Newer and better forms of transportation developed in the period of 1820-1860 brought about economic change in the South, opening up the transportation of agricultural goods to other regions in America. One of the key goods, cotton, which was produced in the South, was a big economic booster when transportation to the North and West opened up. Inventions like the mower reaper and the cotton gin also helped greatly in the boom of cotton sales worldwide, but due to the South's unwillingness to allow much manufacturing and industry, the South only made their profits from exporting this cotton to the factories in the North. The large plantations began to rely on slave labor to continue their requests for numerous amounts of cotton, reducing the amounts of immigrants transported to Southern farms. In the North, the economy was thriving compared to the South's because of cities and manufacturing companies being able to ship their finished technological advanced products to the West and South.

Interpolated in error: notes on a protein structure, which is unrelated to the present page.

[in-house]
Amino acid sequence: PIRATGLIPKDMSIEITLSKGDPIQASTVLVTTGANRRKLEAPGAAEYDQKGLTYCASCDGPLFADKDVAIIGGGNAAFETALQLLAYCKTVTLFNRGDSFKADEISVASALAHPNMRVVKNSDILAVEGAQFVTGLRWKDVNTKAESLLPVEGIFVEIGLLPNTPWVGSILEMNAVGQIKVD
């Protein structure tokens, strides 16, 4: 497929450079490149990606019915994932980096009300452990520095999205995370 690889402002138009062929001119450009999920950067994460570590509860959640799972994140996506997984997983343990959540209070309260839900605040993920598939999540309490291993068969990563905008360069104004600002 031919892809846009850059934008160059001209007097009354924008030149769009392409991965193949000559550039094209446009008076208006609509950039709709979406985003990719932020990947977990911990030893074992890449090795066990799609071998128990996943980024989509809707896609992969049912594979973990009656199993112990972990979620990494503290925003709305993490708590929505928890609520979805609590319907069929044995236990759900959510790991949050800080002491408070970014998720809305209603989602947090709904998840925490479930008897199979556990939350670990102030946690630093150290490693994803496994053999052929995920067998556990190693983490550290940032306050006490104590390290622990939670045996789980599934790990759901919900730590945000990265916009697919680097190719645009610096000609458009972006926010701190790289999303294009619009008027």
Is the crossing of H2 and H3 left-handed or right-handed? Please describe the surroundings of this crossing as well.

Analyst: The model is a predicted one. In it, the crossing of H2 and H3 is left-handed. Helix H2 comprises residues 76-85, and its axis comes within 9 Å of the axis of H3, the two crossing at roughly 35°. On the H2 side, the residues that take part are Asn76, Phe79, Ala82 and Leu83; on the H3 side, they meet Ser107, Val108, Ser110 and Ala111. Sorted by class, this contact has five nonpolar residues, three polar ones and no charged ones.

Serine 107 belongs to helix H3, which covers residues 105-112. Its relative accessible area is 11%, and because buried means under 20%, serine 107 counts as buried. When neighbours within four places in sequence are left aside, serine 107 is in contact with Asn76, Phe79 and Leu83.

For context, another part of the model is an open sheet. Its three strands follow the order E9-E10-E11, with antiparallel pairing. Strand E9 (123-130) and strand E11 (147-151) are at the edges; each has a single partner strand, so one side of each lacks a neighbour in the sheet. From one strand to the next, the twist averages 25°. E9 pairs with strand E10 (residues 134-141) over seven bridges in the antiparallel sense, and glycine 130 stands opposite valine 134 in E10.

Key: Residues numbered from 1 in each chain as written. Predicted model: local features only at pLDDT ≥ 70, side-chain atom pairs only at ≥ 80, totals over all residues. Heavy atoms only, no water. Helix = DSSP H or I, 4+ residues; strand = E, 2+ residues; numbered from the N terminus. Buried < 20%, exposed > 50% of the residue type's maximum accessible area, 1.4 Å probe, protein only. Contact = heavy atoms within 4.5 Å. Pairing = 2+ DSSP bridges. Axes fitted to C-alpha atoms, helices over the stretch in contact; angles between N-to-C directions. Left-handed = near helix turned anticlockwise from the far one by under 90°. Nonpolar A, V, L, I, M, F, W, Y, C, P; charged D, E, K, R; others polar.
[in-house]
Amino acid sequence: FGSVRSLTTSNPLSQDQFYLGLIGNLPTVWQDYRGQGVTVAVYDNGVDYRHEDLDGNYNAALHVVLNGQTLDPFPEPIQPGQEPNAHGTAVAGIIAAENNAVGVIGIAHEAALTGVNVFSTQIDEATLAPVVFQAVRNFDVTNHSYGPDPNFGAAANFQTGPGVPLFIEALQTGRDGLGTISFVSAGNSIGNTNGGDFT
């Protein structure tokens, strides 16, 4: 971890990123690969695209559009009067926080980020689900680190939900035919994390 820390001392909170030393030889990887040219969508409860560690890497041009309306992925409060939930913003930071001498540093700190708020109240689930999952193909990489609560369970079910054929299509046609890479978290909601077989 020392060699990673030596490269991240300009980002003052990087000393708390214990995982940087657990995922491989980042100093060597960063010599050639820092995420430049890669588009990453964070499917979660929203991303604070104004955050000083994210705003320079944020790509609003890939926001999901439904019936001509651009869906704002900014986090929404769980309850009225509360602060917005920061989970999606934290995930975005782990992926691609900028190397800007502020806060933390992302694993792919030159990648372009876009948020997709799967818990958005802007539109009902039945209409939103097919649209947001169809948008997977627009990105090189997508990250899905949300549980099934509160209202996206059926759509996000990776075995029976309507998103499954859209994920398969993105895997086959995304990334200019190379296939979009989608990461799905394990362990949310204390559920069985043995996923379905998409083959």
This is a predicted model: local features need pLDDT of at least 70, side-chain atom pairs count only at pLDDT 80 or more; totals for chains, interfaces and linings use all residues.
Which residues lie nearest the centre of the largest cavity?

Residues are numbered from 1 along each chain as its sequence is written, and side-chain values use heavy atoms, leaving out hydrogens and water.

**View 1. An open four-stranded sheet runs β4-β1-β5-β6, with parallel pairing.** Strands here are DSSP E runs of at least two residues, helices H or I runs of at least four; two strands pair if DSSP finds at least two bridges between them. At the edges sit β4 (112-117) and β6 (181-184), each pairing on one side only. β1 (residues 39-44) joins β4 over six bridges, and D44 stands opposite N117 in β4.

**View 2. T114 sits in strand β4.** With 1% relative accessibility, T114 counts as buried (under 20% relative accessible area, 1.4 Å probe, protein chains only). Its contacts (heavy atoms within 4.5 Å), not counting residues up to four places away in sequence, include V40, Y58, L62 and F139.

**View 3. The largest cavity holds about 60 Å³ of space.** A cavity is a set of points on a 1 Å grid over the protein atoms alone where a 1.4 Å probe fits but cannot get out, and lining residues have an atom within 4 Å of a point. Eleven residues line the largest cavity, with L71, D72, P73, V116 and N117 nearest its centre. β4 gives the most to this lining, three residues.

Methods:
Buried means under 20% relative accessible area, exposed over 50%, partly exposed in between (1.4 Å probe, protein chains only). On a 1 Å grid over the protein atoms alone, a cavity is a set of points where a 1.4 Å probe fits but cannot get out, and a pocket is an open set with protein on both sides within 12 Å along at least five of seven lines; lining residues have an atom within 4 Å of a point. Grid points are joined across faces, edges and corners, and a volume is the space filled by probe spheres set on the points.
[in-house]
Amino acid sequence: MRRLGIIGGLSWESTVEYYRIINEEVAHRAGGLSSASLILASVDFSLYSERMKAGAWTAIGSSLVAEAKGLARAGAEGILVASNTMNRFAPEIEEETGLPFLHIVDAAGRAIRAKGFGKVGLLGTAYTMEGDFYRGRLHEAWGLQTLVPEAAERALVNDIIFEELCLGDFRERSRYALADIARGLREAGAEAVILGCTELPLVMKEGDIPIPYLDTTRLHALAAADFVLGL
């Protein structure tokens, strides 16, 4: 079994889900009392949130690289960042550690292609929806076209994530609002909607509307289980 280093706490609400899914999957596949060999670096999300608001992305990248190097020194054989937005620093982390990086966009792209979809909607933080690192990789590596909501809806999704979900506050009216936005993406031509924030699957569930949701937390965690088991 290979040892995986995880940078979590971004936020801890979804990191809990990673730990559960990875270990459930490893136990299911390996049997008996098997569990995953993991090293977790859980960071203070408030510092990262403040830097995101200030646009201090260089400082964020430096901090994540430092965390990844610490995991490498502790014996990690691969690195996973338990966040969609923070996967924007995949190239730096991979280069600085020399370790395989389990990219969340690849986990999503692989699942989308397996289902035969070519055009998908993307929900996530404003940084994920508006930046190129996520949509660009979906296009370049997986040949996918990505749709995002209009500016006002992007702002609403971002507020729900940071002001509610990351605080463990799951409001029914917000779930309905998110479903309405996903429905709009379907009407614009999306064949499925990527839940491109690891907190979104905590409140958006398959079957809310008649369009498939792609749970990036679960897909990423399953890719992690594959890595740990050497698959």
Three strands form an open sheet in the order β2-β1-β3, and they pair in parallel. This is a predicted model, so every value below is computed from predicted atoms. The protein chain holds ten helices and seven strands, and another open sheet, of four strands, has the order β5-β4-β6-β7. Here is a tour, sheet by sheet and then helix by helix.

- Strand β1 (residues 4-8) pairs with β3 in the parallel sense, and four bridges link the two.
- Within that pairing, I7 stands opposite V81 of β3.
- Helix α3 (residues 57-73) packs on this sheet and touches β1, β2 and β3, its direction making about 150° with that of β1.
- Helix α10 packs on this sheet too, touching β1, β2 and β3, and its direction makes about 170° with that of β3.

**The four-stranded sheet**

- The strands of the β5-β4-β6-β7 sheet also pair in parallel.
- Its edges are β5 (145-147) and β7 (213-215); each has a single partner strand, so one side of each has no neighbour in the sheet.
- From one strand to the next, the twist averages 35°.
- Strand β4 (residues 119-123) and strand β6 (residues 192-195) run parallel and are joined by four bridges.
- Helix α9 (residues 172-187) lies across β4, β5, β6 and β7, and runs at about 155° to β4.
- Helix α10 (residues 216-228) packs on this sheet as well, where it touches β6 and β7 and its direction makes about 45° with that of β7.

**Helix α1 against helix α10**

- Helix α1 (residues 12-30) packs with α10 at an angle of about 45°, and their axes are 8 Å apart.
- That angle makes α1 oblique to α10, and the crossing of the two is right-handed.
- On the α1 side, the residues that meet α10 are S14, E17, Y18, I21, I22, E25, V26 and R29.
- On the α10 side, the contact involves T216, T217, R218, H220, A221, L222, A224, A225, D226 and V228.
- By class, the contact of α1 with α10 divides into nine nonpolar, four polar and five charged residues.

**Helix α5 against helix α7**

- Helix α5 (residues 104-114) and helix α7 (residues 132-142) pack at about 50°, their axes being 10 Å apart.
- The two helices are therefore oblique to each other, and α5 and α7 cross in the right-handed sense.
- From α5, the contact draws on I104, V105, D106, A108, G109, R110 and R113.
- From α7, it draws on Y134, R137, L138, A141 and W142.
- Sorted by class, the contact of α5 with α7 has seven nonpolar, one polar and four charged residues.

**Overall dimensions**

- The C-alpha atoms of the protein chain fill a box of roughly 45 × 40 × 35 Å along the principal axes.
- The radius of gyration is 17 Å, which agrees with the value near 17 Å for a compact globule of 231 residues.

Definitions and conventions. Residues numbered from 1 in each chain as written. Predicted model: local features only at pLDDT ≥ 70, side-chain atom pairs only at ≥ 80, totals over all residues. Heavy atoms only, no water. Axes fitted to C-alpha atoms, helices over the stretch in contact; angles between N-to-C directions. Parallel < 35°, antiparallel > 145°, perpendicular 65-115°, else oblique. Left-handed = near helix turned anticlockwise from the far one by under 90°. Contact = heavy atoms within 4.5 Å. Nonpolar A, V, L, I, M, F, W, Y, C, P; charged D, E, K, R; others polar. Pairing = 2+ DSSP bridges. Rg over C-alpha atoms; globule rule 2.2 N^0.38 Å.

The North also flourished greatly because of geography. The first of these advances was Canals. They created a faster way of transporting goods from the Midwest area (Chicago) to places like Buffalo, New York. They also allowed for settlement in the West to be possible and cut down drasticlly on the cost of grain, which became the cash-crop of the area.
Developments in transportation also brought about social change in the South in the period 1820-1860 by putting in stricter slave codes and emphasizing white supremacy. Due to the increase in transportation, white plantation owners increased their need for slave labor on the cotton